The problem is not the past -- the problem is the idealization of a past that never occurred, and an old vision of a future that has never come about. I am a huge fan of vintage stores, but "retro chic" not only hurts innovation but also dilutes the true value of vintage. I've yet to find a book that clearly articulates, in a meaningful way, the politics of collecting secondhand clothes, but surely any person who has ever shopped at a thrift store has noticed at least two benefits: One, purchasing pre-worn items is an excellent form of recycling. By encouraging people to donate or sell their cast-offs, clothing collectors keep tons of textiles out of the garbage heap. Thrift store denizens not only find new fashions on a budget but also create a market incentive that diminishes our landfills. And two, collecting old clothing generates an appreciation for the past and puts history in context. While trawling the thrift store racks as a teen, I noticed how large our bodies had become in comparison with the average sizes of the old dresses heaped in corners. My friends and I developed respect for well-made items, marveling at hand-sewn buttonholes and real horn buttons. And I had a greater sense of the progress in women's civil rights after discovering that one of my greatest finds -- a gorgeous 1915 lace blouse -- couldn't be worn without a corset.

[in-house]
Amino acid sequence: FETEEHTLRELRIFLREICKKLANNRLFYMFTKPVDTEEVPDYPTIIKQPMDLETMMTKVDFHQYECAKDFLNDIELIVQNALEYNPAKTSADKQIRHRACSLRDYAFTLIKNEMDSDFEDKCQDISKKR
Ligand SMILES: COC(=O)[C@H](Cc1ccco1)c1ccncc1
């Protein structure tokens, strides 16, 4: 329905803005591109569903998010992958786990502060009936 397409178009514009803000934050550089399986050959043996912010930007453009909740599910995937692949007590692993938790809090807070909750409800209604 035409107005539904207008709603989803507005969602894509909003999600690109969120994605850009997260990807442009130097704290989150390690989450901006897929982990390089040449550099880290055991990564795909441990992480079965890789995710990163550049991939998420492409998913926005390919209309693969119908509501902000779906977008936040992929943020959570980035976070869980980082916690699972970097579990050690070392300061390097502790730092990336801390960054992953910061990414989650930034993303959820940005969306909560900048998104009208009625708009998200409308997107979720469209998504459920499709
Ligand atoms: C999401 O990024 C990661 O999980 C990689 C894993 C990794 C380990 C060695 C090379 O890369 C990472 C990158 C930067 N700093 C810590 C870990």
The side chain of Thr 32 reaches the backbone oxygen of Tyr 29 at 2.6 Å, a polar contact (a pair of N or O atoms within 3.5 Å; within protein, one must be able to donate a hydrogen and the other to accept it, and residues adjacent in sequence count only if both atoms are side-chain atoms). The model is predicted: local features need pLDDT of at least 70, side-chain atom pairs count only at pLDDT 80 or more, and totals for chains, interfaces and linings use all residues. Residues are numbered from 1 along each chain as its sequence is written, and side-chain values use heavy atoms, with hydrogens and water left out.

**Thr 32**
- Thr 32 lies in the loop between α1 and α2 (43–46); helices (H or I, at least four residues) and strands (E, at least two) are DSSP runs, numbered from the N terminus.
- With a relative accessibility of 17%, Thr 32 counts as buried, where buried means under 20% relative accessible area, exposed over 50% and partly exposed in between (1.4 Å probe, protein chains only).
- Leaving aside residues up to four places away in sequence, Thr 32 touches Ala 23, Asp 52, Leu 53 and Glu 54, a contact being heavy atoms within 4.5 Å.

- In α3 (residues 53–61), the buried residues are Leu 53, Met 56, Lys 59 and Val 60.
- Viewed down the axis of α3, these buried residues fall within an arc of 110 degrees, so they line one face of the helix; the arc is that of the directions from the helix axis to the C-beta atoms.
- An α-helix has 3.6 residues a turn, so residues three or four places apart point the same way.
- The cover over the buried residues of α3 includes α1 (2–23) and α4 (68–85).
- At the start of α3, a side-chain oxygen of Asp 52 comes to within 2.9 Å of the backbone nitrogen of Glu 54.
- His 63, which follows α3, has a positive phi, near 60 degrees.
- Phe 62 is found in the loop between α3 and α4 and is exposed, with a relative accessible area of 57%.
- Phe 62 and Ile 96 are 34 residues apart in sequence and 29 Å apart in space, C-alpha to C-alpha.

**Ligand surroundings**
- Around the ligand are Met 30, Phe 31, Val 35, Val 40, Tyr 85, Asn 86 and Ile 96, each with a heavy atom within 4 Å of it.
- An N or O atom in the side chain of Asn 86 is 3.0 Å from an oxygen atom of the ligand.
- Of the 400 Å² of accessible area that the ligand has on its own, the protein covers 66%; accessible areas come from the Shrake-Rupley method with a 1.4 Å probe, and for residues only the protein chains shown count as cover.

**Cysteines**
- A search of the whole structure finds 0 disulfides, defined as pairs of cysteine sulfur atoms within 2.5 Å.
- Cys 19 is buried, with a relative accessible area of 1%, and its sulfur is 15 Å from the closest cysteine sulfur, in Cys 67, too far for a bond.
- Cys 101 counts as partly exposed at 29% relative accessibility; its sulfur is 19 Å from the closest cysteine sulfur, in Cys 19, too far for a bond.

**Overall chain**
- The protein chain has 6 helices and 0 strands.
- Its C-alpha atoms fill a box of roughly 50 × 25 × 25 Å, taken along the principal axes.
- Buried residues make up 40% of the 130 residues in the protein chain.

Buying a retrofitted dress off the rack at Nordstrom just isn't the same, and it only encourages manufacturers to use new material to make old-looking items that will be discarded in the trash once the vintage trend crests.
I long for the day when I can wear truly modern street wear. Just think of the outfits that could emerge in the age of bio-engineering. I can see some wild girl, with living tentacles mixed in her hair, wearing an enviro-acoustic dress that emits strange beeps and will shriek if you stand too close. Or how about a garment impregnated with mood-altering scents or pheromones? Personally, I'd rush to buy an outfit treated with some really useful aromatherapy, say, a fragrance to instantly eliminate the fear that you look fat. That is, as long as it doesn't have a peplum.